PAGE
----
A decision on expanding fire service to a growing corridor of Beaufort and Port Royal was postponed after the legality of the meeting was questioned Wednesday.
The city of Beaufort and town of Port Royal could be adding fire service along a growing stretch of Robert Smalls Parkway, including adding a new fire station.
Council members for both municipalities met Wednesday night at Beaufort City Hall for possible votes on an amended service agreement between the city and town and to allow administrators to move forward with a lease for a new fire station on Robert Smalls.
Port Royal resident Joseph Dunkle spoke after a motion was brought to approve the new service agreement, noted the agenda had not been posted to the city or town’s websites and questioned whether the gathering was legal under state open-meetings law.
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The S.C. Freedom of Information Act requires public bodies post agendas at the meeting place and on their websites at least 24 hours before the meeting. Council members agreed to reschedule the meeting for 6 p.m. Monday at City Hall.
Dunkle, a certified paramedic and firefighter who also serves on the Beaufort County school board, asked that the public have a week to review the new service agreement before it is approved.
“This seems very fast and loose,” said Dunkle, who said he learned of the meeting after reading about it on The Beaufort Gazette and The Island Packet website Wednesday morning.
City manager Bill Prokop and Port Royal town manager Van Willis said copies of the agenda had been posted at their respective government buildings and were included in Beaufort Mayor Billy Keyserling’s newsletter and Port Royal’s weekly newsletter. But the agendas had not been posted to either municipality’s website, though Port Royal links to the town newsletter.
The proposal for a new station and additional firefighters would address a growing area that includes new homes being built in the Shadow Moss community, a new apartment complex at Savannah Highway and S.C. 170 and new commercial developments on city property.
The area is currently served by a contract with Burton Fire District, an agreement set to expire at the end of the year. City and town officials are proposing a mutual aid agreement under which the closest station responds to a call first instead of a contract based on jurisdictional boundaries.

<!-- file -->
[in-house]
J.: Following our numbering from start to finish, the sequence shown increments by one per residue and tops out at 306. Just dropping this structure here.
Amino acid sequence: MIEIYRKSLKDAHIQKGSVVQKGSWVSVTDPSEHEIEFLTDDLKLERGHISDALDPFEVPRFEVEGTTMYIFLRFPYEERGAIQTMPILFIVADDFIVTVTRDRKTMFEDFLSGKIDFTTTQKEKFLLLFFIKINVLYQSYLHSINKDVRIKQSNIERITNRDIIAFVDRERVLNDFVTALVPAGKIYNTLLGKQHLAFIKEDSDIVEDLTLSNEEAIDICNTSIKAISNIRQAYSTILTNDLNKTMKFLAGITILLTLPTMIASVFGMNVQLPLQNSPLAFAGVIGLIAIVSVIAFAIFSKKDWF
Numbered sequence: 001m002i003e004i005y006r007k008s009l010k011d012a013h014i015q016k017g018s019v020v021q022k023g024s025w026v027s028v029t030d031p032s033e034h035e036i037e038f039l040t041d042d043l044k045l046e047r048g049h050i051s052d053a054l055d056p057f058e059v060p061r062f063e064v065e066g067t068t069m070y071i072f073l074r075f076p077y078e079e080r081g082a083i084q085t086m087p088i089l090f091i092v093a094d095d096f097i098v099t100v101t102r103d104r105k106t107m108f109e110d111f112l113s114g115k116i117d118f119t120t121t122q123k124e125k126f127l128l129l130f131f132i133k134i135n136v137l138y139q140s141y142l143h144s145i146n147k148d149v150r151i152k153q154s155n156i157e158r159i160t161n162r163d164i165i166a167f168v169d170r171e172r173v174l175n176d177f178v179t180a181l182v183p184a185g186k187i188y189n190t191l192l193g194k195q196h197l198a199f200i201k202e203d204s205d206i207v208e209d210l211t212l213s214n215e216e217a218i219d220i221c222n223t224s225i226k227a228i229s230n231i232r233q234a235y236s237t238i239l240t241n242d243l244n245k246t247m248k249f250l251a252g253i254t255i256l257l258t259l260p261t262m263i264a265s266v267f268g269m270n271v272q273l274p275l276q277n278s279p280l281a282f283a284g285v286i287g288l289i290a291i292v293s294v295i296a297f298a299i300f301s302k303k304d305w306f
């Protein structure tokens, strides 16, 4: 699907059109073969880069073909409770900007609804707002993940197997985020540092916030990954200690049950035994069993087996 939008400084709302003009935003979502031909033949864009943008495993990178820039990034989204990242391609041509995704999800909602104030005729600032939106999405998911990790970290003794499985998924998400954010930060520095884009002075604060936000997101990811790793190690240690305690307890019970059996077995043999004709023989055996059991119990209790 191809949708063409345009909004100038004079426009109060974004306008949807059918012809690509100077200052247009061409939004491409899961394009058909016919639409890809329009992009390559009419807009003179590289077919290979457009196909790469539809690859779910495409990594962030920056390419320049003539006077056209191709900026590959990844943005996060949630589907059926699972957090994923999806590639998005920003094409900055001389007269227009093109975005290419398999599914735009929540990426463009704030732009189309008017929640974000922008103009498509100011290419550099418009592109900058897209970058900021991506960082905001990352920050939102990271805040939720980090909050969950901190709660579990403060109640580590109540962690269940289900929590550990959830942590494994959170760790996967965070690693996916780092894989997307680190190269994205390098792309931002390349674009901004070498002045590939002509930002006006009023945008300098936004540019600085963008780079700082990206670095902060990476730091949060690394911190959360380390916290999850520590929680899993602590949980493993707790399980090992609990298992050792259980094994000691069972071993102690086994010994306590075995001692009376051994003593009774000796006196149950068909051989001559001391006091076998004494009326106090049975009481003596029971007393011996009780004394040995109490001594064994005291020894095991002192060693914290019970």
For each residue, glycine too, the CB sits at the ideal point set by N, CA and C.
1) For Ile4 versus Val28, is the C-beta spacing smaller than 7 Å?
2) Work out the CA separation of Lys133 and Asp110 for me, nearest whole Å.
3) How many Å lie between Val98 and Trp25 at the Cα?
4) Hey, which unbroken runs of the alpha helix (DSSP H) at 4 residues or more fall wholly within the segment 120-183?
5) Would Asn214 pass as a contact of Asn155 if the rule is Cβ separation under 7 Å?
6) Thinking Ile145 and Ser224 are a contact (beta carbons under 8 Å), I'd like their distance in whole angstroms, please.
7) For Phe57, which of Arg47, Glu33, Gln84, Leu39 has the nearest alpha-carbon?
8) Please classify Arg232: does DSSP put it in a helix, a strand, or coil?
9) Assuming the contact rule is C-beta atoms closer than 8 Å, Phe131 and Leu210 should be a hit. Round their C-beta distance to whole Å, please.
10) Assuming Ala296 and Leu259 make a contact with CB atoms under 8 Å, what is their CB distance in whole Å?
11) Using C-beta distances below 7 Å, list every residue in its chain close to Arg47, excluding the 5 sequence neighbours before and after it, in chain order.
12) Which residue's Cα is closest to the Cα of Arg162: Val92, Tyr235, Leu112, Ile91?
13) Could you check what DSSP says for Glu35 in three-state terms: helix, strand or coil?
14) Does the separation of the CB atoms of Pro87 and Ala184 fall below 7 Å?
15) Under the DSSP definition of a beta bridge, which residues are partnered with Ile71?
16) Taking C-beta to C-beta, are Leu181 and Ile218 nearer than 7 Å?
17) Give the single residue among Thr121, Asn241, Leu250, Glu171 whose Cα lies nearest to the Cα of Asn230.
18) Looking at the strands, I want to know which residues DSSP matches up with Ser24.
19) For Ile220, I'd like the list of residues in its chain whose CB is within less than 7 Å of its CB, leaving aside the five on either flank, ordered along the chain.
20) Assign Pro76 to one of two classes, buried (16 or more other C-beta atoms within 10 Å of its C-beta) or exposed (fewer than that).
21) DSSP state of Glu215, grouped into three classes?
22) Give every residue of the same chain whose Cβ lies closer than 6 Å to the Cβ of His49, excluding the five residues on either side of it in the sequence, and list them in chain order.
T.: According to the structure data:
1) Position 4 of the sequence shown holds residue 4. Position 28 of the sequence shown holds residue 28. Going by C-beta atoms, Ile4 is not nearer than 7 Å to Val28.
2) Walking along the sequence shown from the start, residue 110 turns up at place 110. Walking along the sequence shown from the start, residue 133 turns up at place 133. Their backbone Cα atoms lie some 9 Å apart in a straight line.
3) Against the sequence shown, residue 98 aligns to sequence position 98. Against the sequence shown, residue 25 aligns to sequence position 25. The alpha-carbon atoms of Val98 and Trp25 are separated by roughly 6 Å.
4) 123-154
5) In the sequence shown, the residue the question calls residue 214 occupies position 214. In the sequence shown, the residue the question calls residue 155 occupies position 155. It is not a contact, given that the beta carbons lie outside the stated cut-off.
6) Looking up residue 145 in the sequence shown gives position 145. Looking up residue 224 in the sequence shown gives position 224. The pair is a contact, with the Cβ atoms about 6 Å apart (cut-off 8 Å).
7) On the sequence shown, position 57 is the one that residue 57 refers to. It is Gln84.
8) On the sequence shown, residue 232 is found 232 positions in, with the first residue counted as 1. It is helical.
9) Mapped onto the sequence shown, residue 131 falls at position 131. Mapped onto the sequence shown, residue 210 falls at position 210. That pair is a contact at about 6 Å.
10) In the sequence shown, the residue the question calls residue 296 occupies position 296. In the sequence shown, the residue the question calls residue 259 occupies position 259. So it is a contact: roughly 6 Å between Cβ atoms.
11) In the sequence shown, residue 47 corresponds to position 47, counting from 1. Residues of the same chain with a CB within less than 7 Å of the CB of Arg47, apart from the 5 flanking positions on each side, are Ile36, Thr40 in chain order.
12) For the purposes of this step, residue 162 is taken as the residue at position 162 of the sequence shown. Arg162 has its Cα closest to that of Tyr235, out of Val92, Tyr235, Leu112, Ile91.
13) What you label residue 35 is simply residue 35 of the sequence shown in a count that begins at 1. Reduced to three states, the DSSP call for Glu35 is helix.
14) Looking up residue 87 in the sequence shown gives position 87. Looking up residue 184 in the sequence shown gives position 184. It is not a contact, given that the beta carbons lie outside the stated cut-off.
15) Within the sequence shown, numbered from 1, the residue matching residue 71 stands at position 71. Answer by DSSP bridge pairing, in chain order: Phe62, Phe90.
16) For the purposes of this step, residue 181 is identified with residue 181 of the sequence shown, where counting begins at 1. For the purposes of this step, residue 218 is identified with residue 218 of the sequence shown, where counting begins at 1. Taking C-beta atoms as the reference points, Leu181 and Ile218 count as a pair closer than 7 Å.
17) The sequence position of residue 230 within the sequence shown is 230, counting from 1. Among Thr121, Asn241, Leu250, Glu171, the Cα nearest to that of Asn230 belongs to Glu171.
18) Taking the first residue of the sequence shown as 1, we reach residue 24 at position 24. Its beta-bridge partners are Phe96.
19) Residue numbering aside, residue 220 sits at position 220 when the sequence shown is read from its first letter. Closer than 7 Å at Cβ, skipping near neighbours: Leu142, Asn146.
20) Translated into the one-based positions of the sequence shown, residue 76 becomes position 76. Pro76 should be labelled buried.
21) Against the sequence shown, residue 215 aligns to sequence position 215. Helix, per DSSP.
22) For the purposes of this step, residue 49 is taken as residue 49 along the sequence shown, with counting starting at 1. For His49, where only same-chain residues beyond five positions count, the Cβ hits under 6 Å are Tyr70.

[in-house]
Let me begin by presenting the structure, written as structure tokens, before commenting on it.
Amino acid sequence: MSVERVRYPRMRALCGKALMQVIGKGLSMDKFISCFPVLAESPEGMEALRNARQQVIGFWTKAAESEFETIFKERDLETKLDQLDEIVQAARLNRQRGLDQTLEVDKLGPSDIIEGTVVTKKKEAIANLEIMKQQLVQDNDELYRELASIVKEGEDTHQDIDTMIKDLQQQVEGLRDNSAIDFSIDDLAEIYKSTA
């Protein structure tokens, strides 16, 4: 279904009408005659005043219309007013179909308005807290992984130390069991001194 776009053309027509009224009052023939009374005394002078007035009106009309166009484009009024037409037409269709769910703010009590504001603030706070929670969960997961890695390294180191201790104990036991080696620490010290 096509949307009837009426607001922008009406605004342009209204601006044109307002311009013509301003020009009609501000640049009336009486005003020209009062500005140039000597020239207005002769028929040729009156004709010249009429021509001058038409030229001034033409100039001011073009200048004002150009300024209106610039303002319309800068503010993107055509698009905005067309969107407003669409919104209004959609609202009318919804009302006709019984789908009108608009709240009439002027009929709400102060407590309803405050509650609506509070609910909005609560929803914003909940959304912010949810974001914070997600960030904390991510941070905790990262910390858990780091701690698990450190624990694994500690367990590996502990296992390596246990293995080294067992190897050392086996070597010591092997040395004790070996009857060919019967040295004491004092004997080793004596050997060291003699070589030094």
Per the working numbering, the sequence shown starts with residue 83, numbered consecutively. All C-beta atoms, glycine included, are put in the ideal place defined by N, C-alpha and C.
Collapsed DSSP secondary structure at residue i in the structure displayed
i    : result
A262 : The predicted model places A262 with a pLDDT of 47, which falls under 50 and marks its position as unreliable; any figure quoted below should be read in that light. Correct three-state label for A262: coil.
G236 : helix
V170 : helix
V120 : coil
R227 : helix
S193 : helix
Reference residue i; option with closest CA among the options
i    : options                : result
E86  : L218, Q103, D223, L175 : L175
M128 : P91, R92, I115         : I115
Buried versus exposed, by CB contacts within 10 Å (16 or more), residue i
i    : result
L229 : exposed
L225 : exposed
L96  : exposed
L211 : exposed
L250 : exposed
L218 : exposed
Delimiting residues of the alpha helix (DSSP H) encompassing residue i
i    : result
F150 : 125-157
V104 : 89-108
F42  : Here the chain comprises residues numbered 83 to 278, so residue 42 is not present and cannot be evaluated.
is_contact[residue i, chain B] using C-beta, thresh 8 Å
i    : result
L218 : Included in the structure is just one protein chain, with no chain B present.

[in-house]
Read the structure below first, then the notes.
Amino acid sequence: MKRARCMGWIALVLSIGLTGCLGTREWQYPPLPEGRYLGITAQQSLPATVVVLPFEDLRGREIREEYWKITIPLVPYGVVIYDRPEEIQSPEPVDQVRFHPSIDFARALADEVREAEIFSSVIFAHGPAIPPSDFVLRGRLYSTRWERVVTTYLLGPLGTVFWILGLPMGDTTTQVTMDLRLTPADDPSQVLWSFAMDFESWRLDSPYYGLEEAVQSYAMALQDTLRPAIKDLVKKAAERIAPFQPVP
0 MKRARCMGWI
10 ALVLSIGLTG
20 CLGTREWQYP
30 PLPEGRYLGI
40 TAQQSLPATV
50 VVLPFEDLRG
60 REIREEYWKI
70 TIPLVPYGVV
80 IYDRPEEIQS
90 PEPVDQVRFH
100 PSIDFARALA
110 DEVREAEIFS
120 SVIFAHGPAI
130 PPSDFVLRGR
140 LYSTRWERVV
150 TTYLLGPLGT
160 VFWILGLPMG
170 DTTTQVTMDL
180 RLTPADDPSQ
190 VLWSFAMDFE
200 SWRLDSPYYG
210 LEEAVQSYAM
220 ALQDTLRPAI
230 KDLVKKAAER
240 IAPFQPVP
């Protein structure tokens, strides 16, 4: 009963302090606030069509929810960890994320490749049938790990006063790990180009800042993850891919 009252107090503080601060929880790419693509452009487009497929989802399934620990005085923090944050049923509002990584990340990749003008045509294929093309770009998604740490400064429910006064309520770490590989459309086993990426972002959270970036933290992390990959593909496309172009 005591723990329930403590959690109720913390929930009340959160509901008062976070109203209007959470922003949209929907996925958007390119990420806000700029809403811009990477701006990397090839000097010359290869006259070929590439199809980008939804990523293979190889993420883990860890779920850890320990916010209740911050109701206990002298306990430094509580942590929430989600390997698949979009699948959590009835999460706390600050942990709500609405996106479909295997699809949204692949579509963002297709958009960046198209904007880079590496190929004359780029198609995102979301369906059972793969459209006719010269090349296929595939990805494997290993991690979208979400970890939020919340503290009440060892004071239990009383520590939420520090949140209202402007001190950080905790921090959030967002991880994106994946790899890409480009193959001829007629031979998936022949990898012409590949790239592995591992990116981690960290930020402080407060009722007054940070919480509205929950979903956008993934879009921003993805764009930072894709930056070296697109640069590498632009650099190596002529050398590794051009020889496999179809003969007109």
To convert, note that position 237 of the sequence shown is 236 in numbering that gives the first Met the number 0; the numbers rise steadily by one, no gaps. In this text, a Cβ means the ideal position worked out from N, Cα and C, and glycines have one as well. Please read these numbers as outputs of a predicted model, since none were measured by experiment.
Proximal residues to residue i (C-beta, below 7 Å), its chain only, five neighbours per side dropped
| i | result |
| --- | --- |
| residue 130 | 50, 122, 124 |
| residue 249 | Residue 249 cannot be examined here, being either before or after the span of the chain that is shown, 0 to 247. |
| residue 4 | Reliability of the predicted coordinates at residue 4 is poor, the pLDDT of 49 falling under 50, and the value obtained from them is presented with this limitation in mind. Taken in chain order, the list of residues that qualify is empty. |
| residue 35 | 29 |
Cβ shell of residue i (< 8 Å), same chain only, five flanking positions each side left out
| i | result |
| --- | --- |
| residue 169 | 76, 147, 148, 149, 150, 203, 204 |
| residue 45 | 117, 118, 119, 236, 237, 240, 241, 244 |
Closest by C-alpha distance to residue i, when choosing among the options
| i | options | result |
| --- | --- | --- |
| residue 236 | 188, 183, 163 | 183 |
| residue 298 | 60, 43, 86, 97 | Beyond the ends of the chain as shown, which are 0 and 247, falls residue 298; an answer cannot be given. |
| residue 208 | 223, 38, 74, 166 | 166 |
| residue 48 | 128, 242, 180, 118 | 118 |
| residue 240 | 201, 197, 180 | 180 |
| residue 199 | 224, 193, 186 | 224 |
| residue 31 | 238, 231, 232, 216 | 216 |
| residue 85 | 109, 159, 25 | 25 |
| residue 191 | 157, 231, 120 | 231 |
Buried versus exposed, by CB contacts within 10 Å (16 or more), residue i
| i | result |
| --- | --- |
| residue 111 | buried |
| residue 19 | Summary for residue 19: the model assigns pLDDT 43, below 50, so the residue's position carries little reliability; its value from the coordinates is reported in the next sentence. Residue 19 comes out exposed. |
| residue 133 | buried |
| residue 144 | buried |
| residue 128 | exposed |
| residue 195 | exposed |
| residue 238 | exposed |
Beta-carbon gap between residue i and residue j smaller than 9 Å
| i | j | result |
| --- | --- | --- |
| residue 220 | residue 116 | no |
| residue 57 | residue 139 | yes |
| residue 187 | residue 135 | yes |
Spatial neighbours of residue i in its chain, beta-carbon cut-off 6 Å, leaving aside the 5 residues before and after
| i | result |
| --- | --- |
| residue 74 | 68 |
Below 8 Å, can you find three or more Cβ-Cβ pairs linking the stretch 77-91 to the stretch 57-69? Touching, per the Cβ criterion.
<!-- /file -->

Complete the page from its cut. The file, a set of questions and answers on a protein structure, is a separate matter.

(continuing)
“Any increase in fire service is a win-win for the people,” Beaufort-Port Royal Fire Chief Reece Bertholf said.
The new service plan would begin in January 2018.
A 2009 study showed the department would be best served with four stations versus its current three facilities, Bertholf noted in a presentation before the meeting was postponed. The recommendation was updated in 2016 and included the same findings, including the need for a facility near the intersection of Robert Smalls and Castle Rock Road.
A developer would build the fire station and lease it to the city and town over 30 years.
The cost with a new station would be about $120,000 more in the upcoming fiscal year for the city and about $140,000 more for the town of Port Royal than the cost without a new station, according to an analysis by city finance director Kathy Todd. The final payment to Burton would fall during the upcoming fiscal year.
Then during the 2019 fiscal year, the city’s cost is projected to be $337,430 less than without a new station.
“With a new station, the overall costs begin to drop,” Todd said.
Beaufort and Port Royal have long operated under an agreement to share fire service.
The department moved into a new station on Ribaut Road near Mossy Oaks at the end of 2015. That building replaced an older facility on Mossy Oaks Road.
Its other stations include fire headquarters on Ribaut Road and Port Royal Fire Department on Paris Avenue.